Over one million CSV/JSON files with personal information of event registrants using Microsoft Teams, including phone numbers and email addresses, have been exposed to potential cybercriminals worldwide.
Security company Clario Tech, in partnership with cybersecurity researcher Bob Diachenko, discovered the exposure within EventBuilder, a virtual events integration tool for Microsoft products.
The data was stored on Microsoft Azure Blob Storage — Microsoft’s object storage solution for the cloud. The storage was partially public to host recorded sessions for link-only access. However, the webinars’ organizers inadvertently included registrants’ information in the blob, compromising the personal information of webinar attendees and potentially putting them in danger from cybercriminals across the globe.
“Eventbuilder is widely used by Microsoft and integrated with Teams,” says Diachenko. “So this data exposure is an interesting case study in how even the most advanced technology companies can expose themselves to data vulnerabilities.”
Over one million large-sized CSV/JSON files with Microsoft events registrants details and summaries, including:
- Full names
- Email addresses
- Company names and position in a company
- Phone numbers
- Questionnaires answered
It is estimated that this exposure of personal information has impacted at least 100,000 people. Researchers say that anyone registered with EventBuilder should take the proper steps to protect their personal information, including installing credible cybersecurity software featuring identity protection and dark web monitoring.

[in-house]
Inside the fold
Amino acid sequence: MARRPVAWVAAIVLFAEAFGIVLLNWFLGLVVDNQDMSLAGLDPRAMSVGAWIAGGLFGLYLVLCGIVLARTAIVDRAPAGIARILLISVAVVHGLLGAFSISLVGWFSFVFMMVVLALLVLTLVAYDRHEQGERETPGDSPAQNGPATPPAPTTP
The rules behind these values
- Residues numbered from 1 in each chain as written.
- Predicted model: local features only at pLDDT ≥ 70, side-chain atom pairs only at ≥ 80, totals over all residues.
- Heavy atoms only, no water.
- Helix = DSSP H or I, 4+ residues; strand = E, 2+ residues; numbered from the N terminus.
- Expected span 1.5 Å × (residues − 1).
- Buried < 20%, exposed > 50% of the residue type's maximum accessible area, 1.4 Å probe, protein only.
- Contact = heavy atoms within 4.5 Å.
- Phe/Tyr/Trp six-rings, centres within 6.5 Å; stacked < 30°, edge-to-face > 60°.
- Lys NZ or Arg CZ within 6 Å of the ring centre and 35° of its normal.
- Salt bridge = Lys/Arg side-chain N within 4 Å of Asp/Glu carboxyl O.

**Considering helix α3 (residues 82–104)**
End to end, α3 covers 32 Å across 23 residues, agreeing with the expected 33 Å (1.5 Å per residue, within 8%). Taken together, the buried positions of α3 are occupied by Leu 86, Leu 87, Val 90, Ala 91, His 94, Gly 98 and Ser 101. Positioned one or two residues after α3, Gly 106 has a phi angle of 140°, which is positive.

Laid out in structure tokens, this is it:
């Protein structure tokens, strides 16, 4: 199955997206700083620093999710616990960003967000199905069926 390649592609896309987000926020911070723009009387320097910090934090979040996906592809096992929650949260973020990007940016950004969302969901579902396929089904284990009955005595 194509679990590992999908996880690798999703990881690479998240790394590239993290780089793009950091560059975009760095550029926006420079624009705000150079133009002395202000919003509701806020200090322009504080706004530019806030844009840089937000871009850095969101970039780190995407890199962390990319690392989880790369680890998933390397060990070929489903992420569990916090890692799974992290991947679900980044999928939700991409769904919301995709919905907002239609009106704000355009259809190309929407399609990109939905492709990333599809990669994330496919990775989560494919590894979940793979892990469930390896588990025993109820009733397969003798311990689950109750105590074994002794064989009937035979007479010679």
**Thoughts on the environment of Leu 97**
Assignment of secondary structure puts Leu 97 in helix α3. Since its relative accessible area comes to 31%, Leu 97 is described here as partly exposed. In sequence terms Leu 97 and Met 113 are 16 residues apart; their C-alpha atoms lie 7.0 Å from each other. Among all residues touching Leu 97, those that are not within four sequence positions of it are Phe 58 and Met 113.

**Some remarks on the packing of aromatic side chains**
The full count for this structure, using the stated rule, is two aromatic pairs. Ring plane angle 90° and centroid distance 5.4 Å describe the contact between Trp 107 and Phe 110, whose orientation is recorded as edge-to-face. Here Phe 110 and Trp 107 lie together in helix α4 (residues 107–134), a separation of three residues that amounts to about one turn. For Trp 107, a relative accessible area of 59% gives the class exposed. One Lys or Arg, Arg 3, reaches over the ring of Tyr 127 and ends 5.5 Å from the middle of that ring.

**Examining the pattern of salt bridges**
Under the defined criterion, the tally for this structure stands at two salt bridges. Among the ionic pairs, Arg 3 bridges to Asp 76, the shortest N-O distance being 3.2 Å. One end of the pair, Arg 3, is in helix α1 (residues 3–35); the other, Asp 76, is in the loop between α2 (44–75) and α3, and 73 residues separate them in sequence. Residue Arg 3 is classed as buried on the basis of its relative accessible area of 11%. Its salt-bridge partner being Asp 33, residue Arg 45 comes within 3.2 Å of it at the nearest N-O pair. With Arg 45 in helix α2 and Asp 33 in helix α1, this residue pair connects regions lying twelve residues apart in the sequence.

Michael Isbitski, Technical Evangelist at Salt Security, a Palo Alto, Calif.-based provider of API security, says, “This incident is another case of general-purpose cloud storage not being secured appropriately by an application team. The security problem is the same as numerous other cloud data storage exposures. Engineering teams at EventBuilder did not properly secure sensitive information and protect it from public viewing. EventBuilder intended to make recorded webinar sessions available for public view; however, full registrant details, including many forms of PII, were also stored in public Azure Blob Storage instances and inadvertently exposed. The exact number of impacted users wasn’t given in the disclosure; however, the estimate is that hundreds of thousands of webinar attendees on the EventBuilder platform had their PII exposed.”
Isbitski explains, “The cloud providers equip organizations with functionality to report on and lock down their cloud data stores. Unfortunately, development and engineering teams don’t always consider cloud data storage’s misuse or abuse cases in application designs. This reality is sometimes a side effect of increasing pressure to deliver fast on new application functionality, and appropriate security controls are overlooked.”
Clario informed EventBuilder of the exposure earlier this summer, and EventBuilder has now fixed it.
“This is an archetypal example of a SaaS provider not paying attention to permissions associated with cloud storage used to store customer information,” says Oliver Tavakoli, CTO at Vectra, a San Jose, Calif.-based AI cybersecurity company. “It is generally a bad idea to co-mingle data which is intended to be publicly available with data which should only be accessible to authenticated or privileged users as it requires discipline around maintaining fine-grained access control – which clearly did not happen in this case.”